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What Would Roger Do?

Yesterday’s all-day celebration of the 350th anniversary of Rhode Island’s state charter included a ceremonial re-dedication of plaques at the Roger Williams National Memorial on North Main Street. Just after 1:00 p.m., a crowd of about 100 gathered to hear congressman Jim Langevin recall his days as RI secretary of state, when he was entrusted with overseeing the charter – a document described by the late historian Thomas Bicknell, he said, as “the greatest instrument of human liberty ever constructed.”

We heard Roger Williams University President Dr. Donald Farish share the same advice he gives RWU grads: “Whenever you are lost and unsure of what to do next because you’re in a complex situation, just ask yourself, ‘What would Roger do?’”

We heard Roger Williams National Memorial Superintendent Jan Reitsma sing the praises of R.W.'s famous concept of “soul liberty” and Ranger John McNiff say, “It’s about this time of year that Roger would have come to this very spot to start this settlement next to a spring that was gushing out of a hillside.”

After the speeches, centenarian Elsie Williams – the oldest living member of the Williams clan – pulled a drape off the plaque, revealing the words “ROGER WILLIAMS FOUNDED PROVIDENCE HERE IN 1636.” The crowd clapped.

But for me, at least, there was a distracting asterisk to this otherwise pleasant event. To begin the ceremony, Dr. Paul Hanson of Newport’s United Baptist Church led the crowd in a head-bowed invocation that mentioned “Our gracious heavenly father,” “Christ’s holy name” and that ended with “Amen.” In other words, a Christian prayer kicked off this ceremony on a public sidewalk next to a national park at which we were honoring the man who essentially invented the separation of church and state.

“Let us pray together,” Dr. Hanson said.

Huh?

When the ceremony ended, I caught up the its organizer, Dr. Clifford Brown, the President of the Roger Williams Family Association. A Providence resident who teaches political science at Union College, Dr. Brown explained that the choice for the invocation was historical: Dr. Hanson is the pastor of church founded by John Clarke, the man who wrote and secured Rhode Island's 1663 charter. (Williams was instrumental in laying the groundwork for the document, but it was Clarke who brought it back from London.)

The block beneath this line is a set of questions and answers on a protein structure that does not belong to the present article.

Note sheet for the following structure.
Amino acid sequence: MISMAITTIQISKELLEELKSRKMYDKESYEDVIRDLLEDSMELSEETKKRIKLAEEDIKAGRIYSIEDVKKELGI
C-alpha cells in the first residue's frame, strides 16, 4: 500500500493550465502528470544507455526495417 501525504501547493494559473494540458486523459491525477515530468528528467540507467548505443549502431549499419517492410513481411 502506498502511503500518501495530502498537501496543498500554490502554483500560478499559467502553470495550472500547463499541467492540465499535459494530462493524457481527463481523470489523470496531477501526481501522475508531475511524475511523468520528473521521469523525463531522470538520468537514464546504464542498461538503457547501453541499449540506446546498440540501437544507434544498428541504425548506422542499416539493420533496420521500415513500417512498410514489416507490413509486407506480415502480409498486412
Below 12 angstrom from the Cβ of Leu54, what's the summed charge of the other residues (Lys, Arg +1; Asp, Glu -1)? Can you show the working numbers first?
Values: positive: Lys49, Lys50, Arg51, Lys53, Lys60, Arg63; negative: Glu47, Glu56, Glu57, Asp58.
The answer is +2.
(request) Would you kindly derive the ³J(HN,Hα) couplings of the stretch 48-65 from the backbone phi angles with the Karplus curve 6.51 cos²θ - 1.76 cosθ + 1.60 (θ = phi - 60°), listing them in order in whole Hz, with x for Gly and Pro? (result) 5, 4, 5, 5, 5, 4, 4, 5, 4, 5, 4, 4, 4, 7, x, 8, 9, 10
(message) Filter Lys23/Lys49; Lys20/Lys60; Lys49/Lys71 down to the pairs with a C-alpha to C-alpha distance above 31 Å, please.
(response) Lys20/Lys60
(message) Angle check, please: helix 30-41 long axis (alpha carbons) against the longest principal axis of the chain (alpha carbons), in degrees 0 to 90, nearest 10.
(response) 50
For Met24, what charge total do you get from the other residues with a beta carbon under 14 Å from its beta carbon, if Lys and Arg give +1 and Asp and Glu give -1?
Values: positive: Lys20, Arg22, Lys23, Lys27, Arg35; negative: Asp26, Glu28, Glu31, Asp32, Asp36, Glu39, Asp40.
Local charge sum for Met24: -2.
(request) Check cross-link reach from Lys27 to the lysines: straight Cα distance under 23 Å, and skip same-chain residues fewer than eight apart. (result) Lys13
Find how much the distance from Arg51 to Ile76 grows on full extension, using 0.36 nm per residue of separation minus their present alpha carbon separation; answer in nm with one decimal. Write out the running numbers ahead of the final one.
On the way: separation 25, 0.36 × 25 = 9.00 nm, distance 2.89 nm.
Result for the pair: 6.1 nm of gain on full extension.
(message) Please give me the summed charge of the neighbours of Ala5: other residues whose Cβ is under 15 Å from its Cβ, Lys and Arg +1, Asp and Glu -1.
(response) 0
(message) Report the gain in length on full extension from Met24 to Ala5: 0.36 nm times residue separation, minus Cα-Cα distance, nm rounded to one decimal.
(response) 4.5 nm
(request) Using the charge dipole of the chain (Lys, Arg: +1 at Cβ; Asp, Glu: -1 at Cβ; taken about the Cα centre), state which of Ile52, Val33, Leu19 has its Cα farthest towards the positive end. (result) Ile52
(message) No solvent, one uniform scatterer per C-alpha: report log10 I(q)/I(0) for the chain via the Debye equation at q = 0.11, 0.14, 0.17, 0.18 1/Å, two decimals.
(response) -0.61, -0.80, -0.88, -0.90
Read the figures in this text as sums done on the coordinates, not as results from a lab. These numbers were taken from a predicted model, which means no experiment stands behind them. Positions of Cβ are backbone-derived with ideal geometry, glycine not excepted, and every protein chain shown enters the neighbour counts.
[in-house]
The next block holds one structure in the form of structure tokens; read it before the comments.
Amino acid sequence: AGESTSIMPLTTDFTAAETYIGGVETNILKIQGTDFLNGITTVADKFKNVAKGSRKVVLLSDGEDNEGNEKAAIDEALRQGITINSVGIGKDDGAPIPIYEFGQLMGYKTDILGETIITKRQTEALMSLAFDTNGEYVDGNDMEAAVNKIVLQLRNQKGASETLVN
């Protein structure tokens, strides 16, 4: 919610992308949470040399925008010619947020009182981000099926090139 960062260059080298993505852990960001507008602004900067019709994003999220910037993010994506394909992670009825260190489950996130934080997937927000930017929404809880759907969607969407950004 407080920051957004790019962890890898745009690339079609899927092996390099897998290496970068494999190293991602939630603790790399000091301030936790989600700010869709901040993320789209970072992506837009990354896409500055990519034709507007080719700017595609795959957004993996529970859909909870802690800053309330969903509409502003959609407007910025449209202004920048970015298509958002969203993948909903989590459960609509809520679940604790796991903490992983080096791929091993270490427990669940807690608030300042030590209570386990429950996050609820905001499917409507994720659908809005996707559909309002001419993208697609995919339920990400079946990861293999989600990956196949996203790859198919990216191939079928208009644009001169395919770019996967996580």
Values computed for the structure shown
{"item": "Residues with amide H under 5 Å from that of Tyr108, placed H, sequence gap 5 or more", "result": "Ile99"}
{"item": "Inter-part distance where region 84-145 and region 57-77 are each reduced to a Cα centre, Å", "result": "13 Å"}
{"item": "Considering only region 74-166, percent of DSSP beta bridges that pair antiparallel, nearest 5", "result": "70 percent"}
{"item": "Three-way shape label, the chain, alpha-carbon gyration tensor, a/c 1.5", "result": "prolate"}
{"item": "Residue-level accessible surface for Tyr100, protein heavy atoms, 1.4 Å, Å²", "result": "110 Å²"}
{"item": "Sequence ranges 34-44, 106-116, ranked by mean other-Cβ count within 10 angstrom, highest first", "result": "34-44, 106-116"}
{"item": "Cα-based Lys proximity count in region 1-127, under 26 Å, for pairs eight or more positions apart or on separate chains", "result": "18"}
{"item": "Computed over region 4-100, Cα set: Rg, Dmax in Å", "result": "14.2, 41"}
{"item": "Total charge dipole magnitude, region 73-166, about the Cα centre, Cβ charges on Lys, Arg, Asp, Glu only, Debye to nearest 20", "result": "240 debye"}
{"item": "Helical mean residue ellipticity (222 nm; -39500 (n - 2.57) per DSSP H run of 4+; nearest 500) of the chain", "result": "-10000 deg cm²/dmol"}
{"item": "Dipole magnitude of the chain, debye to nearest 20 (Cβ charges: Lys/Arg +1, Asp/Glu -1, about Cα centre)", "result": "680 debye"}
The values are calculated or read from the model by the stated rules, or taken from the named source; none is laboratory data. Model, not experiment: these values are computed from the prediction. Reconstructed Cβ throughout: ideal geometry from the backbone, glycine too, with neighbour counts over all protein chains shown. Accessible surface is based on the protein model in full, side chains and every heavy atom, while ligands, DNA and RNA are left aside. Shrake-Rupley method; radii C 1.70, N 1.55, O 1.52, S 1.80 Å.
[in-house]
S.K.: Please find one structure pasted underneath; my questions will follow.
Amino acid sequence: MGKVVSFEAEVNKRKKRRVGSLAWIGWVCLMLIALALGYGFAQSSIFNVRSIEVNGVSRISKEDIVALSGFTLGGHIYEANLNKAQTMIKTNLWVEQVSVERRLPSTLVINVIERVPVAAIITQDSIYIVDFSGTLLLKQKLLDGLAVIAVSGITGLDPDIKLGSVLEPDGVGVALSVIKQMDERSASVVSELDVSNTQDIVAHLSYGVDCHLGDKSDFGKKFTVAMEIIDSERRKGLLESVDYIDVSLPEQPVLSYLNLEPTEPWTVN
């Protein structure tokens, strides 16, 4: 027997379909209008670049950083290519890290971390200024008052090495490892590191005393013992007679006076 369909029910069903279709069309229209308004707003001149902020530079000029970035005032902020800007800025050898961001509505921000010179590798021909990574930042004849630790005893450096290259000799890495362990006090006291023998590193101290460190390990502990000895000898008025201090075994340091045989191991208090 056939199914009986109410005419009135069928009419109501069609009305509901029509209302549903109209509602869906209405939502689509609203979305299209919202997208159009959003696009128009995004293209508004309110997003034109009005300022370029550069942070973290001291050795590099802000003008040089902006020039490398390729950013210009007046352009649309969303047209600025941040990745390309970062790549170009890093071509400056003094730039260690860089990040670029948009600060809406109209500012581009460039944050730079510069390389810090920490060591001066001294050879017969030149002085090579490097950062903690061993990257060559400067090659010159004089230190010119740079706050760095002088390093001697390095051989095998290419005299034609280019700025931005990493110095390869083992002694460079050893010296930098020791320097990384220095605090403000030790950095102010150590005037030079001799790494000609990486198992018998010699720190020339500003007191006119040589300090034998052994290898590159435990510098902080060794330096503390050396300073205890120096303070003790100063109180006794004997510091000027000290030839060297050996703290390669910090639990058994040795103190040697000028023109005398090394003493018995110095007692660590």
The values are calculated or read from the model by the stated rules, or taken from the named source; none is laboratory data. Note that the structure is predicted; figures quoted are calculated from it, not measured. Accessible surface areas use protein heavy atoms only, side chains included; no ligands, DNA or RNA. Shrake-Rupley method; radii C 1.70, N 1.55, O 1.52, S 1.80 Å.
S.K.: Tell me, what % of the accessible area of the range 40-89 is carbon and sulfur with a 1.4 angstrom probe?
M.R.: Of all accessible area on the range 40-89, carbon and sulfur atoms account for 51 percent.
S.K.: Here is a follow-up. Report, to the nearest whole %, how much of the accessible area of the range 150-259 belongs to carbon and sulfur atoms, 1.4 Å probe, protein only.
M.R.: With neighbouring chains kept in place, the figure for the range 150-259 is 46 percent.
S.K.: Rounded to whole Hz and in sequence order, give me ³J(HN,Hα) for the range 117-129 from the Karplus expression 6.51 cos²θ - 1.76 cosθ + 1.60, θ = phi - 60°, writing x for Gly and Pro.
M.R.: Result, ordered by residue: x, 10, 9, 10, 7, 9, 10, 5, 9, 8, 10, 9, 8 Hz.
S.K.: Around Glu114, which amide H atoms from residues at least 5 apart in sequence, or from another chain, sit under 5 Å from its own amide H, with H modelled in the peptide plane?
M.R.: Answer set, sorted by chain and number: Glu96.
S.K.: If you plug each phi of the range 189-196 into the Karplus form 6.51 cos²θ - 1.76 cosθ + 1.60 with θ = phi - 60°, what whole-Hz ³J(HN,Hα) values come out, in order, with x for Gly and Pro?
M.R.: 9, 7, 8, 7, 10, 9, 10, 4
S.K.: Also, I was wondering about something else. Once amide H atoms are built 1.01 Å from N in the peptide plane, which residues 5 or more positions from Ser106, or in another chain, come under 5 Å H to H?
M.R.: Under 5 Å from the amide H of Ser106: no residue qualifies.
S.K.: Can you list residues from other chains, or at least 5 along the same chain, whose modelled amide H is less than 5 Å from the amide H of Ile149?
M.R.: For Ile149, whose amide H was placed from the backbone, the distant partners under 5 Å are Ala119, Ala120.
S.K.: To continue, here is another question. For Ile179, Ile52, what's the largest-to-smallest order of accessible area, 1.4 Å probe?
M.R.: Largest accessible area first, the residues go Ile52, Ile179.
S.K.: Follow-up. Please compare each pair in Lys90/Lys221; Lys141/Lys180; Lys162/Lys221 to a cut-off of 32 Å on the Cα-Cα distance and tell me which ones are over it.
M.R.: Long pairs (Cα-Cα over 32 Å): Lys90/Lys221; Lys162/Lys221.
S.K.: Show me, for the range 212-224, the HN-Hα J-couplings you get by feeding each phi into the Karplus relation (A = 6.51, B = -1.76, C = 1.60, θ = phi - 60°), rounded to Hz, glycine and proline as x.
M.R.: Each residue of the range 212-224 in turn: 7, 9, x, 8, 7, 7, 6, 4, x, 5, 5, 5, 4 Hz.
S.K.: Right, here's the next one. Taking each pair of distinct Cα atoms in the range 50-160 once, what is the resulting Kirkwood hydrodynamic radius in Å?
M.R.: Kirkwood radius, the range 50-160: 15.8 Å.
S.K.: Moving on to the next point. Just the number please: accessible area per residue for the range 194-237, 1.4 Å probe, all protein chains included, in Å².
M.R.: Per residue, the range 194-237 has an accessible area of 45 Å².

“Williams was not against prayer, he was against people being forced to pray,” Brown added.

Below is a transcript of Dr. Hanson’s invocation.

Let us pray together.

Our gracious heavenly father, we gather together on this sacred place, this place where your servant Roger Williams came, led by your hand, as he so acknowledged, by simply the naming of this town as “Providence.”

And we recognize that his vision was one that continues to touch us in so many ways, not only as Rhode Islanders but also as a nation. For his vision was that all would be able to come and settle and be here and be able to freely understand their relationship to you in accordance with their own understanding of conscience.

And so we’re so thankful that we’re able to come here again and to be in a place where he was, where he stood, where he thought, where he prayed, where he called people together in order to be your people but also to begin this great nation of which we are a part.

And so we ask now that you will once again bless this gathering and help us always to remember the one whom we are honoring this day as part of who we are in our great heritage as Rhode Islanders and as Americans. But we ask these things in Christ’s holy name.

Amen.

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